At the time of writing, the primary way of modeling business processes with BPEL is through an enhanced XML editor that represents business processes in a tree-like structure. The long- term goal of business process modeling includes modeling languages that are derivations of workflow modeling and, essentially , advanced flow models.
For an object-oriented programmer, the marginalization of the object model is disconcerting at first. Instead, the business process is more of a pure, flat, component model with an interface definition and an implementation. An interface defines a particular business process. In the case of Web Services, this interface is aWeb Service Description Language (WSDL) file identified by a particular technical model (tModel) residing in a Universal Description, Data, and Discovery (UDDI) directory. Each business implements the interface as the composition of one or more Web Services or service implementations, thus the alternate labeling of this pattern as a composition rather than a business process.
A business process can also contain other business processes. Implementing a unit of work breaks down into an atomic business activity that may or may not be a method on an object that is a service implementation.
BPEL even further marginalizes the object model by moving flow logic, such as branch statements and the ability to repeat actions, into XML. Implementing a complex business process with BPEL requires little, if any, complex logic in a particular programming language such as Java. Figure 8-1 illustrates, from a high level, the capabilities of BPEL to create complex business logic. With BPEL, a BPEL container runs a business process definition that is in the form of a BPEL XML document. The business process is a Web Service through the creation and registration of the WSDL document. Clients simply call the Web Service that forwards requests to the BPEL container. The service implementation is the BPEL container and its interpretation of the BPEL definition document related to the BusinessProcess definition.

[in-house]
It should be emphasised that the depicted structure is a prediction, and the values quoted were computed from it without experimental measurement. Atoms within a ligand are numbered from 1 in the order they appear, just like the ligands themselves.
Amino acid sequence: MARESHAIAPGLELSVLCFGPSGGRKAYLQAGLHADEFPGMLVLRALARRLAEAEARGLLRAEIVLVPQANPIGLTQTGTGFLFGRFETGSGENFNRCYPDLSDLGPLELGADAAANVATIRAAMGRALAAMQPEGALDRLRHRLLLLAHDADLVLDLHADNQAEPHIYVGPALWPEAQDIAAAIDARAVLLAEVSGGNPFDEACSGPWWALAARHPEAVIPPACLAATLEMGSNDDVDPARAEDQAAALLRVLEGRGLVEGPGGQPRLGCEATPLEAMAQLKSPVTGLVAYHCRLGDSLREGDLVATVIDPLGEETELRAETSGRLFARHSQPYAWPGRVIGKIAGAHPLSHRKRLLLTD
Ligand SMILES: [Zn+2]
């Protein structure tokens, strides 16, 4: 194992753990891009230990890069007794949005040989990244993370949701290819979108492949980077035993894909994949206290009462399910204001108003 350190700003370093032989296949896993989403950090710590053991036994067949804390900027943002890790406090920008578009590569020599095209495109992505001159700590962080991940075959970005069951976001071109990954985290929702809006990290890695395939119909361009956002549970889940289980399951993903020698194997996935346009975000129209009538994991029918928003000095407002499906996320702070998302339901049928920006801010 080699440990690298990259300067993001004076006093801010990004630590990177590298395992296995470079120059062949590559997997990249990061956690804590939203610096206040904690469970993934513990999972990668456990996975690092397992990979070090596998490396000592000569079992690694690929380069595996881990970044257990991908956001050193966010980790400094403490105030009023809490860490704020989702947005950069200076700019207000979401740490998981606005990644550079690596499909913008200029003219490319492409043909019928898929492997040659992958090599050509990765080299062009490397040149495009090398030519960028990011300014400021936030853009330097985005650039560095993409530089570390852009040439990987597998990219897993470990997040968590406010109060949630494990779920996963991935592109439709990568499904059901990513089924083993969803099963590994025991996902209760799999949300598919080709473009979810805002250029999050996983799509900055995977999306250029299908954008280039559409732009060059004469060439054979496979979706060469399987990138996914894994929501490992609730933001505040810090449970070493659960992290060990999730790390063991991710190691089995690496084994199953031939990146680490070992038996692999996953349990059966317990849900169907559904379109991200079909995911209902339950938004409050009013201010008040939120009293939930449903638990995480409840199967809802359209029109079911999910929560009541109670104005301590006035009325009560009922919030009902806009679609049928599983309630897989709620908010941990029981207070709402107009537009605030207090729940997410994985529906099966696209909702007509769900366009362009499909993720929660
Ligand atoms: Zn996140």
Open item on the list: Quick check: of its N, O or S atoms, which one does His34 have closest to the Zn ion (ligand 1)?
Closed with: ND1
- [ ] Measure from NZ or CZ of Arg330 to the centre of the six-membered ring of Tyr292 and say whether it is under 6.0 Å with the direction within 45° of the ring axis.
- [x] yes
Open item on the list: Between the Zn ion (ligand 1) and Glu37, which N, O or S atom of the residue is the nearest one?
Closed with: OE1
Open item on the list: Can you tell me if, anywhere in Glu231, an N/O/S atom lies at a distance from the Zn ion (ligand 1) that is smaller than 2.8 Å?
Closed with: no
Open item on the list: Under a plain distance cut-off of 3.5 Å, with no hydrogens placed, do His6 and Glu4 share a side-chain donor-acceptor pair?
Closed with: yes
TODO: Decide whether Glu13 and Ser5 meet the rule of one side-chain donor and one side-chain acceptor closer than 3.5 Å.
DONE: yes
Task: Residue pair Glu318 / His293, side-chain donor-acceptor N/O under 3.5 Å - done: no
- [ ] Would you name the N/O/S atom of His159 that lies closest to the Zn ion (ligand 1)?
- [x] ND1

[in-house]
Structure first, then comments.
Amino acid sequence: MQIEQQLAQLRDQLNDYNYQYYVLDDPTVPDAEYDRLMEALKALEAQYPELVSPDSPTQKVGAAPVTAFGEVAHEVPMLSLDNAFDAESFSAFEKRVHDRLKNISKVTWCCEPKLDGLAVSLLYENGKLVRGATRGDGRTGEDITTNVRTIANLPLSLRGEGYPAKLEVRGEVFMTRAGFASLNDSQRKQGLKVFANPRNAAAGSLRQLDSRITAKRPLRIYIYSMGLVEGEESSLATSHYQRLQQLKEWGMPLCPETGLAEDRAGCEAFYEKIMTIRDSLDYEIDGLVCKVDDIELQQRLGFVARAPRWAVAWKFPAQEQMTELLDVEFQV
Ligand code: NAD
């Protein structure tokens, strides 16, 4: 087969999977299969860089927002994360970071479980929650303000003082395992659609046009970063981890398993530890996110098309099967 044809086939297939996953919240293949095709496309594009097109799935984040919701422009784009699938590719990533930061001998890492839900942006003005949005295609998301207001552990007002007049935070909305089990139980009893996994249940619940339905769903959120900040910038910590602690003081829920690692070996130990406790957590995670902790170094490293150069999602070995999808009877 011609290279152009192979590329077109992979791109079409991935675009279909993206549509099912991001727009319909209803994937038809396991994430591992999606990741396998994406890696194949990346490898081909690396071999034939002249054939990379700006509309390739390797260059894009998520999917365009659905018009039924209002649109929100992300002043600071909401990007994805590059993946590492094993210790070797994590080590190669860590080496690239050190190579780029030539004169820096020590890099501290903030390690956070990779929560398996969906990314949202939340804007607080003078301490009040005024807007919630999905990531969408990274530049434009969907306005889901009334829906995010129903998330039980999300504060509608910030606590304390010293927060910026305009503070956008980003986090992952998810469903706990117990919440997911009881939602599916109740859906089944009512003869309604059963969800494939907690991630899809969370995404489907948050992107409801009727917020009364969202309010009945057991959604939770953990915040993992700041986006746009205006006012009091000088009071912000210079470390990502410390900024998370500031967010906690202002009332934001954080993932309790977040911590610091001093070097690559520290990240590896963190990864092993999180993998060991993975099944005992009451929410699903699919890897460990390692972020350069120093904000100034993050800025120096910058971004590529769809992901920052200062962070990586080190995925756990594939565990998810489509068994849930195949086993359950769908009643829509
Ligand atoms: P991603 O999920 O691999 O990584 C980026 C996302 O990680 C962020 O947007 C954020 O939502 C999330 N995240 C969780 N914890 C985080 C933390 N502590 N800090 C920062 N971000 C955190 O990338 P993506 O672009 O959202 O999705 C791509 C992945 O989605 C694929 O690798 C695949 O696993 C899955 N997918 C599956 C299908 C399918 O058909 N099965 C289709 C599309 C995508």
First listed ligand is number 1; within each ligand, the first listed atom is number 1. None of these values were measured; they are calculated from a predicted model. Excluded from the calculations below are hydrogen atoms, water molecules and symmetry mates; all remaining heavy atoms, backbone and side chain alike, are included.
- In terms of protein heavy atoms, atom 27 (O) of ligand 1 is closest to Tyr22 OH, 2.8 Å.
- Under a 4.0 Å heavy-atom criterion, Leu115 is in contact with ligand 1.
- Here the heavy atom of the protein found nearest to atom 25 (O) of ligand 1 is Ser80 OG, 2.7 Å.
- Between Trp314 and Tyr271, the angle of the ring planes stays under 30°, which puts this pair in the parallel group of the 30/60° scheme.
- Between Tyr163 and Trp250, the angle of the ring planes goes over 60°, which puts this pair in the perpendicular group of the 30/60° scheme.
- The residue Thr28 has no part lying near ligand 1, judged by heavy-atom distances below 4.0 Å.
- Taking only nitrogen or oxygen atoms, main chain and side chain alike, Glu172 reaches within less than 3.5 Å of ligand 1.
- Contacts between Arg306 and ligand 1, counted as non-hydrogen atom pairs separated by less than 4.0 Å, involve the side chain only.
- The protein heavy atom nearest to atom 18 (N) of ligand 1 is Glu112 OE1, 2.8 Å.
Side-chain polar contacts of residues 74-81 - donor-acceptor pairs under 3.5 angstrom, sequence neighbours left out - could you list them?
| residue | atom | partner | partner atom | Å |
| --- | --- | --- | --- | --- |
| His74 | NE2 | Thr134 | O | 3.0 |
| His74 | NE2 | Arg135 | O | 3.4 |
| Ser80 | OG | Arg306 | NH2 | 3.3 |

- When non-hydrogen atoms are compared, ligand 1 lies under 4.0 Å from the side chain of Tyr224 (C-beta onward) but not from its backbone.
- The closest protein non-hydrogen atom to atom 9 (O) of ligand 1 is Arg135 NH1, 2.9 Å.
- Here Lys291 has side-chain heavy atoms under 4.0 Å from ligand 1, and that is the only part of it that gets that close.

The business process leverages a variety of metadata constructs that resemble common programming language constructs. The operations include sequencing, basic logic constructs such as looping, and switch statements. Also, operations included simplify the construction of a business process such as the ability to invoke other Web Services and store data in locations within the BPEL container.
Even with the movement of logic into metadata, there is substantial room for languages such as Java. It will likely be many years , and possibly never, before metadata replaces languages such as Java. Java provides good performance, rich syntax and semantics, and abilities that are not reasonable to implement in metadata. For example, nowhere in the BPEL specification does it talk about persistence or database semantics; instead, Java handles all of the interactions between logic, data, and persistence.
Despite the advanced state of BPEL, I build the business processes in this chapter using the Java language. As long as you maintain a good structure and separation in the Java implementation, the process should be translatable into BPEL. Interestingly, a consumer of a business process does not know whether you use BPEL because the Web Service that surfaces a particular business process abstracts away the implementation details.
Overall, the intent of the Business Process (Composition) pattern is to illustrate and provide guidance for combining business activities into a single, consumable Web Service with a well-defined interface.
This pattern is also an attempt to change your mindset from a Java-language, object-oriented perspective to a business process perspective. Rather than envisioning a Web Service as a reflection of an object model, you start to consider the business process as the primary construct in the application. Eventually, particular business activities within the business process are business object methods or business object collections, but the bulk of the thought goes into design and implementation of the coarser business process.
There is quite a bit of overlap between the concept of the business process and the concept of composition, thus their inclusion in this book as a single pattern. The only time the terms are not interchangeable is when you forgo using business processes altogether and leverage Web Services as an object proxy model. Nonetheless, the general structure easily translates between the two paradigms .